Webinar recap: 17 predictions for manufacturing in 2017

January 20, 2017
Industry Week recently held a webinar, sponsored by Infor, titled “Manufacturing Flash Forward: 17 predictions for 2017 in 17 minutes.” We think you will find the topic and 17 predictions highly engaging, no matter where your organization may be in its ongoing IT journey.

Here is a look at the 17 predictions, organized by the presenters who shared them.

Brian Raymond, National Association of Manufacturers (NAM) director of innovation policy, set the stage by summarizing some of the new technologies hitting manufacturing and the positive benefits, such as:

  • 67% of manufacturers have experienced an increase in shop floor productivity.
  • More than 1/3 of manufacturers plan to expand into different markets and product lines.
  • 1 of 2 manufacturers say they plan to pursue new business models and revenue streams.
  • 60% have been able to speed time-to-market and improve the development process.
  • 67% of manufacturers plan to use technology to differentiate products and service offerings.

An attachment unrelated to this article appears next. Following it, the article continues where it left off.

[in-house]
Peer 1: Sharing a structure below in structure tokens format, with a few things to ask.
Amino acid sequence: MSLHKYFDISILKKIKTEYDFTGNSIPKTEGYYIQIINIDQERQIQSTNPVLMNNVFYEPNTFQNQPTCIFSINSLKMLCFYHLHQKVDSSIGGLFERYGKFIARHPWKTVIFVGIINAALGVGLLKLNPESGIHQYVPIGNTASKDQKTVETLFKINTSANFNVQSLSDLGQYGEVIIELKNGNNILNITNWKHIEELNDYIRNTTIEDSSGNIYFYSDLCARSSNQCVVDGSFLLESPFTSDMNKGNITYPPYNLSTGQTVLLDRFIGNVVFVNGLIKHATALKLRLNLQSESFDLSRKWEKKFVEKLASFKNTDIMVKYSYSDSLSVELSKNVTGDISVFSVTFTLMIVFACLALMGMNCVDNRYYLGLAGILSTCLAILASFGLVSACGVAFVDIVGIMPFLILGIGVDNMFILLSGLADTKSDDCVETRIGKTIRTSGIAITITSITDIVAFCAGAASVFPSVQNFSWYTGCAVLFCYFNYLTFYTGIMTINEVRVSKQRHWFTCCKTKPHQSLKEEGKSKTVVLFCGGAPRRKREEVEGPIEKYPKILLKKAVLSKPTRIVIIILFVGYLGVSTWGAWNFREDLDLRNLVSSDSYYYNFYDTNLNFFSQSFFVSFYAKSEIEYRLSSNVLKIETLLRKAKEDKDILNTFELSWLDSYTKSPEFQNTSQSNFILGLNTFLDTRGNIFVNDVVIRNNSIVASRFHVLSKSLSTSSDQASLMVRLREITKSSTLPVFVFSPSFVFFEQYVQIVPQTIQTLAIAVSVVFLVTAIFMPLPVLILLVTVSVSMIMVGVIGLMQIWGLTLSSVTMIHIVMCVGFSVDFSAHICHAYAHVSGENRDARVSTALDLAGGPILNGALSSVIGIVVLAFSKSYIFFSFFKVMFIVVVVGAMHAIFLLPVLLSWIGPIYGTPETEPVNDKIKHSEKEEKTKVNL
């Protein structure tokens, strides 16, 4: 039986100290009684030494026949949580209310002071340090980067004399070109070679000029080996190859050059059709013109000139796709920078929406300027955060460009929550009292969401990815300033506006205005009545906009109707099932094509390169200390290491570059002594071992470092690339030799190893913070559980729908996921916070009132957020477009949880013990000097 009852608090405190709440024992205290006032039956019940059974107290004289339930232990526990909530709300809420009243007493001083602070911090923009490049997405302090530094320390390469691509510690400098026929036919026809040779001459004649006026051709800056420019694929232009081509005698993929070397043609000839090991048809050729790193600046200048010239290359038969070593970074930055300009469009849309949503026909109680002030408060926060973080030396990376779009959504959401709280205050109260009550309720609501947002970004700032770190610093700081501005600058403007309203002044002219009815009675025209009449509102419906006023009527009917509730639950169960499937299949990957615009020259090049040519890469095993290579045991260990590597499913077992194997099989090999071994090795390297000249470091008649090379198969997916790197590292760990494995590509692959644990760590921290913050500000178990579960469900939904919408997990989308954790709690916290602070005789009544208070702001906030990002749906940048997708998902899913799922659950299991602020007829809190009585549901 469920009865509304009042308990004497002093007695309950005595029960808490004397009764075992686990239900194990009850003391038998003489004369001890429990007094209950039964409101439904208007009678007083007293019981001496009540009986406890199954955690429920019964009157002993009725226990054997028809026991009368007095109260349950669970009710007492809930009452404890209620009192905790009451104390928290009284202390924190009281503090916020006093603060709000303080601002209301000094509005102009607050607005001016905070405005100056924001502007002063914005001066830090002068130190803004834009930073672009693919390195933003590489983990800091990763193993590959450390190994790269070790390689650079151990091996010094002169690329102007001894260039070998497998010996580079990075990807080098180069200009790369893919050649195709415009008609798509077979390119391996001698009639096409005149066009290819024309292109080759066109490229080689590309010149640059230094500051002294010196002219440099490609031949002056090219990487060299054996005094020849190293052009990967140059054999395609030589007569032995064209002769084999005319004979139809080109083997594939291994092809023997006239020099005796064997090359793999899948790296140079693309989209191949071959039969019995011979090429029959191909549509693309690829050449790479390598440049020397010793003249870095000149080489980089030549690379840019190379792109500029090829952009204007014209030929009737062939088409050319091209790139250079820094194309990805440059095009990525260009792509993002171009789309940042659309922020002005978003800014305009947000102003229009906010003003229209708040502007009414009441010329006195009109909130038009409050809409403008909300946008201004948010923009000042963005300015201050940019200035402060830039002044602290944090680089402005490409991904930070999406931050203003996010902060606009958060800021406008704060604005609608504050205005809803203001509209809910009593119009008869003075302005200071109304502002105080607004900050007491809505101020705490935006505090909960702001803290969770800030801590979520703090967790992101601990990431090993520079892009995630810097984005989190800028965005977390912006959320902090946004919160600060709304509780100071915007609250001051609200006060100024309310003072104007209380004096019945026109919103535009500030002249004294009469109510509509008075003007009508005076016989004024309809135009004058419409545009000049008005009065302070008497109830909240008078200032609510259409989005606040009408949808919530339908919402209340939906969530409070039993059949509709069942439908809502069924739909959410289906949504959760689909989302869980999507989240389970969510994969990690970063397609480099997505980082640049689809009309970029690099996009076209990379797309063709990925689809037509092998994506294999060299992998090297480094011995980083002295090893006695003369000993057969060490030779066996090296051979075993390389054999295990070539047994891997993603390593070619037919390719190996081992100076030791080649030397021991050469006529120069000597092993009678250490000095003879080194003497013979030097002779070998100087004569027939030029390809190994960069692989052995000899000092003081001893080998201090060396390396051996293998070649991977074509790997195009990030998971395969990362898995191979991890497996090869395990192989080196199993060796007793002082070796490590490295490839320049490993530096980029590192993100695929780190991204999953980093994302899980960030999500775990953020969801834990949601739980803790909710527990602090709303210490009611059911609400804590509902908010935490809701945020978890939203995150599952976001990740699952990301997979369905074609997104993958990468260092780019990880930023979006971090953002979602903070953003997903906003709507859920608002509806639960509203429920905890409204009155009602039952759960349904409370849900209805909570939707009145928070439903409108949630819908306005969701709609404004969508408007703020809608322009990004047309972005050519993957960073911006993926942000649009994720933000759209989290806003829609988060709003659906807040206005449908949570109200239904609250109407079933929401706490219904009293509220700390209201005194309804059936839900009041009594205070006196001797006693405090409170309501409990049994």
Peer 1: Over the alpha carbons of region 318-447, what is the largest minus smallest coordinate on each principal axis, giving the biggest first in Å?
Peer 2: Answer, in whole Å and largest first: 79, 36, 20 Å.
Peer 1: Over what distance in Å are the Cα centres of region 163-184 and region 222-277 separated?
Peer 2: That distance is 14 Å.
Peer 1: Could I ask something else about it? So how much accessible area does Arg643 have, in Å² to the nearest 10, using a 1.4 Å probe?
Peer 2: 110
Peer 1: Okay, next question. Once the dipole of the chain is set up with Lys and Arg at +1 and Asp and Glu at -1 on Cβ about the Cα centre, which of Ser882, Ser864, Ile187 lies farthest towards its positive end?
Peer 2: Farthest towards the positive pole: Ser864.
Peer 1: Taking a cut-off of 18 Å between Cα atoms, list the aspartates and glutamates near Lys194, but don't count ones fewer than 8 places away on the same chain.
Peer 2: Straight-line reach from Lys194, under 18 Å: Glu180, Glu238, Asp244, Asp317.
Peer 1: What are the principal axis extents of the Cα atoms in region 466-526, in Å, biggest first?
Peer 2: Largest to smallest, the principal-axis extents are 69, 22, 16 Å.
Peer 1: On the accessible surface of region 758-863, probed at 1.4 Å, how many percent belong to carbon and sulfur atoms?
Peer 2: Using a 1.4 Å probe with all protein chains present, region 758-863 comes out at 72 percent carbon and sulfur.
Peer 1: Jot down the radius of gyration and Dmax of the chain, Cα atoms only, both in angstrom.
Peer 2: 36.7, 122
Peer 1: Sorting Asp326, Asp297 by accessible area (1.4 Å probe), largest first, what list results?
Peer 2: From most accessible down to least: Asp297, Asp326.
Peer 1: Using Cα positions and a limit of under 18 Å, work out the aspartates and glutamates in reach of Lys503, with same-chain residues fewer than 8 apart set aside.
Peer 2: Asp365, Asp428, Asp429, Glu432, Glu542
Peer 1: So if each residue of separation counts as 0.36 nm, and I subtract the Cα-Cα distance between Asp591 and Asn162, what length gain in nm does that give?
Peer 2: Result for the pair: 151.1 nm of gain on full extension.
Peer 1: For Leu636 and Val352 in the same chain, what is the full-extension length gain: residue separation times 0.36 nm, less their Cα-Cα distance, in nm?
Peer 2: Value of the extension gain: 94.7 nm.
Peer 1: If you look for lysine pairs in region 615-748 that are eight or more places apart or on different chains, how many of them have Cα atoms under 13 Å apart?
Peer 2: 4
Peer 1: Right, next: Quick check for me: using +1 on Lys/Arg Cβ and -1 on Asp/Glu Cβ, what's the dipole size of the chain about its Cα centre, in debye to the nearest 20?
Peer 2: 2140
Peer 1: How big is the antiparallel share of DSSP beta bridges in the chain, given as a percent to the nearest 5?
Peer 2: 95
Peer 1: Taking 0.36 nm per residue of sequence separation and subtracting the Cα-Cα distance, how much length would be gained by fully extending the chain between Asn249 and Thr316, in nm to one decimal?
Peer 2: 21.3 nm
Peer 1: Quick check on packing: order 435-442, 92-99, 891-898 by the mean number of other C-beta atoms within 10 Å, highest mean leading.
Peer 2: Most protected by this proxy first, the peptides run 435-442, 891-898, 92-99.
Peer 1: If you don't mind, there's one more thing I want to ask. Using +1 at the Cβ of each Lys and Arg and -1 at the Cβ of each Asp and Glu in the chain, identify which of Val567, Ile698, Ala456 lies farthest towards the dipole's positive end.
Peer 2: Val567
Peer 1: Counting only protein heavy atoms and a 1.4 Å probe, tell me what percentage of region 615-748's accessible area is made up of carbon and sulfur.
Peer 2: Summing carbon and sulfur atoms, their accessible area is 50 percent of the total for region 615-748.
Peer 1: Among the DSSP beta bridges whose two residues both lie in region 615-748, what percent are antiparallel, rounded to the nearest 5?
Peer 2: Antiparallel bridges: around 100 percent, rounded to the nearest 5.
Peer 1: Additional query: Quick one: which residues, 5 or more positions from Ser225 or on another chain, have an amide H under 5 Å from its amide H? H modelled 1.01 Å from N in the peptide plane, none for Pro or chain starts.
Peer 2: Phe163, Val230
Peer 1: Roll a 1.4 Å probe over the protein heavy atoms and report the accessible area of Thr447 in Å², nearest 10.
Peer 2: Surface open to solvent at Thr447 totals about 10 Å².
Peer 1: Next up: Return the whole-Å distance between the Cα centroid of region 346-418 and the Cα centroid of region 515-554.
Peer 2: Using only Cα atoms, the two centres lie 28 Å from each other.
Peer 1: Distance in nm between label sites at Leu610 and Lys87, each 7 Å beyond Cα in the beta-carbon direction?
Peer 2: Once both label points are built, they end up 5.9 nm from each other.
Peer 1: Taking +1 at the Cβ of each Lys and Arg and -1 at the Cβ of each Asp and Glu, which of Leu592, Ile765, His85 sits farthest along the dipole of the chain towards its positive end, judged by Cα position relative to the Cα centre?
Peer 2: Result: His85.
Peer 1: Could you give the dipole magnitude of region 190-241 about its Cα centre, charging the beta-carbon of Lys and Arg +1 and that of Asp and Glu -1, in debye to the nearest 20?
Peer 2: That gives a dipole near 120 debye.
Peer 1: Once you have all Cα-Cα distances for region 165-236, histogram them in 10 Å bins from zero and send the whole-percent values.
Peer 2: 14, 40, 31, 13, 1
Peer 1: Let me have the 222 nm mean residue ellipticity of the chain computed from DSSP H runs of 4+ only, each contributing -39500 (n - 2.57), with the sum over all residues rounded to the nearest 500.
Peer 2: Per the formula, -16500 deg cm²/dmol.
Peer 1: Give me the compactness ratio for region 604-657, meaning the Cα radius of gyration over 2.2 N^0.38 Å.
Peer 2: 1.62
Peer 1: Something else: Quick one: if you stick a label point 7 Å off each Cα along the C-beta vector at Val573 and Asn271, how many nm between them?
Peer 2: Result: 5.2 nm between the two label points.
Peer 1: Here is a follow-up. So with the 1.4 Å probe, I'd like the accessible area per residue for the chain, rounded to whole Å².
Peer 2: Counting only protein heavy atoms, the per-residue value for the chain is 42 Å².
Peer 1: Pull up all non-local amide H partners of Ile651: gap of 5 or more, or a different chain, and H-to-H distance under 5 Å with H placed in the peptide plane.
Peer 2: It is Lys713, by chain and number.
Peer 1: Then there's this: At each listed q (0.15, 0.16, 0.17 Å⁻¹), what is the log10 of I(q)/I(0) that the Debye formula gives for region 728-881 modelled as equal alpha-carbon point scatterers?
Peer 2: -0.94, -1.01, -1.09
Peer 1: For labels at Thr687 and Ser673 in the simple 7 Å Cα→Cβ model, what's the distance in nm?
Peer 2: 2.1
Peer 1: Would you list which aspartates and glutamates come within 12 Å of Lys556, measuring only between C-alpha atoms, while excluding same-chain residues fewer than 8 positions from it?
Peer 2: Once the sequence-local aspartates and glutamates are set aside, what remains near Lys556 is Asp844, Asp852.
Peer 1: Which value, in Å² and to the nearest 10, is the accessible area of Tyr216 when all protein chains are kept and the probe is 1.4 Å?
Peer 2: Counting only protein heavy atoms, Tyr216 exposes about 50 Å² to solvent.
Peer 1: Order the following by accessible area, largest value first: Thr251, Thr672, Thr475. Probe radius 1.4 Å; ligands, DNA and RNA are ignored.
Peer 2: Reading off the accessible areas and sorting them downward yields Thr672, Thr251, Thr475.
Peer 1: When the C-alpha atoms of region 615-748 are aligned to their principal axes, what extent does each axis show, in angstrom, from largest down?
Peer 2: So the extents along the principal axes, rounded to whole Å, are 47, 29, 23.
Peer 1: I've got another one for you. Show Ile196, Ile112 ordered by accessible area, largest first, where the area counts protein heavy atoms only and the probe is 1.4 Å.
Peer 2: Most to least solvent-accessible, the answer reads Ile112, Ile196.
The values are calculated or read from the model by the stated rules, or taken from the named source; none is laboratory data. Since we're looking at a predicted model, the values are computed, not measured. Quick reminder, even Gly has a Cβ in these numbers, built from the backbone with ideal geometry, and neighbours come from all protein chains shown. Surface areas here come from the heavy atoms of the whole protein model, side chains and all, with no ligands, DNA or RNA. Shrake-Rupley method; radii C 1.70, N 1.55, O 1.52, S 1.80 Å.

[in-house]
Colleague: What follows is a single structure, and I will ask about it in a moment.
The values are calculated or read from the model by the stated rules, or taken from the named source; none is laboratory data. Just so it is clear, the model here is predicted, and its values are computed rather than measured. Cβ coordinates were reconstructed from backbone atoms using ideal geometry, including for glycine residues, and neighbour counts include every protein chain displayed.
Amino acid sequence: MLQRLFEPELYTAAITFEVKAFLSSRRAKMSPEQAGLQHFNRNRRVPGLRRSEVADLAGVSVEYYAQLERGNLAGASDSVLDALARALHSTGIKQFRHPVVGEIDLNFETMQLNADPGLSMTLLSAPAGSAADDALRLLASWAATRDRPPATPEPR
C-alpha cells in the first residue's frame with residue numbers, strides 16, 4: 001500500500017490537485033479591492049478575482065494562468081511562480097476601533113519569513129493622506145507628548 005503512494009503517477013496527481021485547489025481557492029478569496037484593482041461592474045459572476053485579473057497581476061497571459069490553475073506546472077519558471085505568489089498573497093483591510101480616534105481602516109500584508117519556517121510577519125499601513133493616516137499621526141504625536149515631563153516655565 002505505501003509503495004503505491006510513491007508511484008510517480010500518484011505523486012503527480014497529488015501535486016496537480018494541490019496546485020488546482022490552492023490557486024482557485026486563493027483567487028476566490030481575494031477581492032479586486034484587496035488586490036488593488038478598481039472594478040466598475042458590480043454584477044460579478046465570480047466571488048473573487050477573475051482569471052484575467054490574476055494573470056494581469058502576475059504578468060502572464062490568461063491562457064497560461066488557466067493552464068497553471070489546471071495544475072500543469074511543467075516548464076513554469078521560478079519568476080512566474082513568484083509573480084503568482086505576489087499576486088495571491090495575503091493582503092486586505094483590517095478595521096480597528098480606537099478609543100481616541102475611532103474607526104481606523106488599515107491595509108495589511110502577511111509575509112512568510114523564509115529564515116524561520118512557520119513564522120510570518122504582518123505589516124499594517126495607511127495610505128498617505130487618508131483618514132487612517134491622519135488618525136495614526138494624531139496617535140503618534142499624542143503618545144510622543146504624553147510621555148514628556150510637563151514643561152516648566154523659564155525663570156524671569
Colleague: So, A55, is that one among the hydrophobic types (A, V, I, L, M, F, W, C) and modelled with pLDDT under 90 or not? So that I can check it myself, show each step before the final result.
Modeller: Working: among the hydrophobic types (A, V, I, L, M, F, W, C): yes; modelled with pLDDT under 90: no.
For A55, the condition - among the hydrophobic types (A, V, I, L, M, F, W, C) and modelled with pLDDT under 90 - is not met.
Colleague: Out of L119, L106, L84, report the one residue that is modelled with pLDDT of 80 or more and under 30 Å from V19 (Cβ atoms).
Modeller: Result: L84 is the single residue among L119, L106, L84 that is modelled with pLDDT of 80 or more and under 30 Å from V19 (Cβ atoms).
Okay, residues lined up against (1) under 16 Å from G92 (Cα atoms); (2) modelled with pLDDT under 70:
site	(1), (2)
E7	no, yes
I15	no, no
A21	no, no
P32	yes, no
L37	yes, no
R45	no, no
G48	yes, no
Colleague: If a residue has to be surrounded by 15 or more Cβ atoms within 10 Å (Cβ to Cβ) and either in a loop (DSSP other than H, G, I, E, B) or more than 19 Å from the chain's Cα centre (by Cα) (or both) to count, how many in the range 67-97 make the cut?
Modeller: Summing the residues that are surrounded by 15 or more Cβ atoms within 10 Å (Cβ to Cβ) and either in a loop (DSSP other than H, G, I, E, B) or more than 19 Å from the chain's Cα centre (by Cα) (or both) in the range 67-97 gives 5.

• 2/3 see an improved long-term outlook.

These lead to Raymond’s first three predictions:

1. This is manufacturing’s moment.
2. Technology will continue to disrupt manufacturing.
3. The innovation infrastructure will be a priority.

Raymond then turned to some of the challenges facing manufacturers with predictions about the impact of those issues and types of actions we can expect to see. Raymond added details about the role of governments, globally, in creating and enforcing laws to protect trade secrets, defend rights to intellectual property, and reduce the burden of abusive patent lawsuits.

4. Cyber security will continue to dominate as an issue.
5. The protection of intellectual property will continue to be a priority.


Raymond then spoke extensively about the next prediction and why he feels that partnerships will prove vital for growth in manufacturing as public and private sectors must come together to face some of the monumental challenges, such as cyber security and a reliable global supply chain.

6. Public and private partnerships will support growth.